I’m amazed by some of the letters to the editor I see in the newspaper. I know there are always weird letters to the editor in every paper, but at least some of them look like they were written by someone intelligent. You may not agree with the writer and think he’s kind of out there, but you don’t finish the letter and shake your head.
This letter, on the other hand is just odd. This was sent after the paper published stories about a guy getting charged with vandalism after spray-painting messages on bridges and buildings downtown. So, take it away, ditzy!
Spray-painting sparks discussion in the city
ANDREA K. BENNETT
(Aug 8, 2006)
Dear Editor – Re: ‘Local activist accused of spray-painting downtown wall’
(Guelph Mercury, Aug. 3).
Shock, shock, horror, horror. Free speech finds its avenue via spray paint.
When the newspaper persists in writing these irresponsible articles, linking local activists both implicitly and explicitly — without real cause — to serious crimes that have been committed in the area, it’s no wonder that some folks take to more direct forms of expression.
In context, the two stencils make perfect satirical sense. I like the stencils and spray-painting that show up around town; they spark discussion and they’re often esthetically pleasing. This in marked contrast to the grey- and blue-striped wall now located at the top of Northumberland Street.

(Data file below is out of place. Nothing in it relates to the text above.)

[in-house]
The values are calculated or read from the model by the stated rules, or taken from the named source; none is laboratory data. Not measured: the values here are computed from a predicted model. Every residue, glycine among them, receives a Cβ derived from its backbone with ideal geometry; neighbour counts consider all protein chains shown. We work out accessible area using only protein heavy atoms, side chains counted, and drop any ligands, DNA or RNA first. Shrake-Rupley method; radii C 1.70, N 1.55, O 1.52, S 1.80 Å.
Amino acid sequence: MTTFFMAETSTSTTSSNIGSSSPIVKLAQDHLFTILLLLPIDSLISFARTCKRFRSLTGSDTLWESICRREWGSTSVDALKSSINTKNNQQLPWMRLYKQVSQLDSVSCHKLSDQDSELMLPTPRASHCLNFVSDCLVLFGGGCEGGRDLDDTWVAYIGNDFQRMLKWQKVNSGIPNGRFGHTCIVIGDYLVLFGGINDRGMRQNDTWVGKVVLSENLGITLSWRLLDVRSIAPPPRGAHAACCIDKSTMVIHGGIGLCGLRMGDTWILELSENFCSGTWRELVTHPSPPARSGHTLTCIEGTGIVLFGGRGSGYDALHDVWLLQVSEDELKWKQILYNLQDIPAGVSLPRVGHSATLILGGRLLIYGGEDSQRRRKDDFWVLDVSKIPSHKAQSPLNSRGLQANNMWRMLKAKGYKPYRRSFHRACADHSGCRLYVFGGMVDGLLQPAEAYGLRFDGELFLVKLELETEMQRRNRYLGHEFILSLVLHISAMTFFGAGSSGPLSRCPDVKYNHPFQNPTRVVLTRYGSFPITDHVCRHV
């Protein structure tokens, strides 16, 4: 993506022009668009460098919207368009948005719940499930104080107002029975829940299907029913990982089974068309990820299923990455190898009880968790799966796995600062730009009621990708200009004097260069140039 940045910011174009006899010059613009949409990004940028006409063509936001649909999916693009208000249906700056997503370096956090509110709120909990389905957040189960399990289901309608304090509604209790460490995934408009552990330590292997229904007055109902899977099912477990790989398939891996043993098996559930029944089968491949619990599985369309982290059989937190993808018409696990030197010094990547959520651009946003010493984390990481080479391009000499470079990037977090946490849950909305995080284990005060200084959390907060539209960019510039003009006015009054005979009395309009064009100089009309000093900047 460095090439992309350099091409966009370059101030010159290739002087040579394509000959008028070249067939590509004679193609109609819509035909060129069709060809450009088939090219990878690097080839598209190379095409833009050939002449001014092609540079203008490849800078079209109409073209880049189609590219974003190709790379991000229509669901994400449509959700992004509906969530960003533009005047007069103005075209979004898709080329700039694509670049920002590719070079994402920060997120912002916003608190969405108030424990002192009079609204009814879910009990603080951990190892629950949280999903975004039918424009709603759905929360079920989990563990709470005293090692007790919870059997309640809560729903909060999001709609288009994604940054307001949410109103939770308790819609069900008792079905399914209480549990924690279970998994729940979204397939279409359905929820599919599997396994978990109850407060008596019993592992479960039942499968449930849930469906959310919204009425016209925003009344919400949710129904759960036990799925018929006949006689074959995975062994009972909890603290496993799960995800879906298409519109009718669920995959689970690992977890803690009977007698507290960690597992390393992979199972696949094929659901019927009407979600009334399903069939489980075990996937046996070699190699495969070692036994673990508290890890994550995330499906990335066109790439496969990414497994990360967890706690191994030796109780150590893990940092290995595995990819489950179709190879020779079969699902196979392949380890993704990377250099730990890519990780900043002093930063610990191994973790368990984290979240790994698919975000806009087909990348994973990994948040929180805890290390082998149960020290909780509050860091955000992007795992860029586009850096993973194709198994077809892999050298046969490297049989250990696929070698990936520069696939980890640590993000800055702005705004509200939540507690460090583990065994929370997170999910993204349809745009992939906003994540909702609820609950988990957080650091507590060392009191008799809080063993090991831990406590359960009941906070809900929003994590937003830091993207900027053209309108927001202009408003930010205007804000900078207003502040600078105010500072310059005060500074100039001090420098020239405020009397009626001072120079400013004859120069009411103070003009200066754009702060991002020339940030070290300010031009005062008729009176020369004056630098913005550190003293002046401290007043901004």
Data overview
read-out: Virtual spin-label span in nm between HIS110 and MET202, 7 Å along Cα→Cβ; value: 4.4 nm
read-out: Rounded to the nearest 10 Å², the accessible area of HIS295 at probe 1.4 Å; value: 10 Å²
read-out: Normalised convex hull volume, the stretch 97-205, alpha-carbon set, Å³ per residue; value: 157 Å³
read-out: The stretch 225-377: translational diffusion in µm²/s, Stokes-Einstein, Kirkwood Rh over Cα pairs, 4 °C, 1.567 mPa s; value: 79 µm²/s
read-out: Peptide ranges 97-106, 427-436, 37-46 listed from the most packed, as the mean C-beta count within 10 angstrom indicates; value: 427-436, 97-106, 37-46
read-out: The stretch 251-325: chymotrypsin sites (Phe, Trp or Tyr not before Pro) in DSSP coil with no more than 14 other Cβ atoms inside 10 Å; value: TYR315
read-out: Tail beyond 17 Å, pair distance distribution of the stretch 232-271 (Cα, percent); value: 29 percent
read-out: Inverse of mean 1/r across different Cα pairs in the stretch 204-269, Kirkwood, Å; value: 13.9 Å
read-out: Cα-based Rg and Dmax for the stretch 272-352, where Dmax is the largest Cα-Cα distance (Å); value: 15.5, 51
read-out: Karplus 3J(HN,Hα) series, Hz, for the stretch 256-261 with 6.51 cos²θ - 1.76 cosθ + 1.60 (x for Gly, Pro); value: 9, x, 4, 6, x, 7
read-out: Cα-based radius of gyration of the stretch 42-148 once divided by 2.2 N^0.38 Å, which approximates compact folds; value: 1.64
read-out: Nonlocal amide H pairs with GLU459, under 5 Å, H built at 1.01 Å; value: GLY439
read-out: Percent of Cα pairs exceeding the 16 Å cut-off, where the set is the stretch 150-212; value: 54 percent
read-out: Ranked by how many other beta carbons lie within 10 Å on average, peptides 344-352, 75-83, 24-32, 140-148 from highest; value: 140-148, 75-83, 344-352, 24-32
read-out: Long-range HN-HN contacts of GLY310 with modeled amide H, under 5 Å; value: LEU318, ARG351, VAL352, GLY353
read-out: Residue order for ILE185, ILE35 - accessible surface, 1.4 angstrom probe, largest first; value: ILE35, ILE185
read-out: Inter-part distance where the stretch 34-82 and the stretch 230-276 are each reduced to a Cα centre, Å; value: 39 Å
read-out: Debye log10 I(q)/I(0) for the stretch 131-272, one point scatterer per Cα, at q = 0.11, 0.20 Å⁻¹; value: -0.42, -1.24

In short: living in this town with our overstaffed police force and undernewsed daily newspaper gets more restrictive and frustrating day to day.
Andrea K. Bennett
Ok, I think I can pick my jaw up off the floor. Irresponsible articles? They were, um, printing the news. A guy got charged with vandalism, they wrote about it. That’s what a *newspaper* is supposed to do. They didn’t dream up his name and theorize about what he might have done. They said, “Hey folks, here’s the guy who police have charged with spray-painting those messages downtown.”
Next, there’s this whole bullshit about linking activists to serious crimes around the city. I don’t think the author of the article had to say one word. Our friendly neighbourhood graphic artist did it all himself. He wrote the words “eco-terrorist” which had also been written by other people who, months before, had set fire to some stuff. Isn’t it amazing how good the mind is at playing connect the dots?
And who gives a rat’s ass whether she thinks it’s asthetically pleasing? Those walls aren’t her property to spray-paint! If she likes the stensils so much, she can paint them on her own door. Then, and only then, would she have a right to cry if they arrested her for it.
Finally, she thinks this town is restrictive? I dare her to go to Singapore and spice up their downtown with beautiful stensils and see what kind of response she’d get. I know that’s extreme, but I doubt she’d find a city that’s cool with people vandalizing property. There are few places that have grafiti walls available for people’s messages. The city’s downtown isn’t a big grafiti wall. He put grafiti on it, so he was wrong. That’s the whole story, and all these people’s whining and moaning about the newspaper’s coverage is making it into a bigger story than the paper did.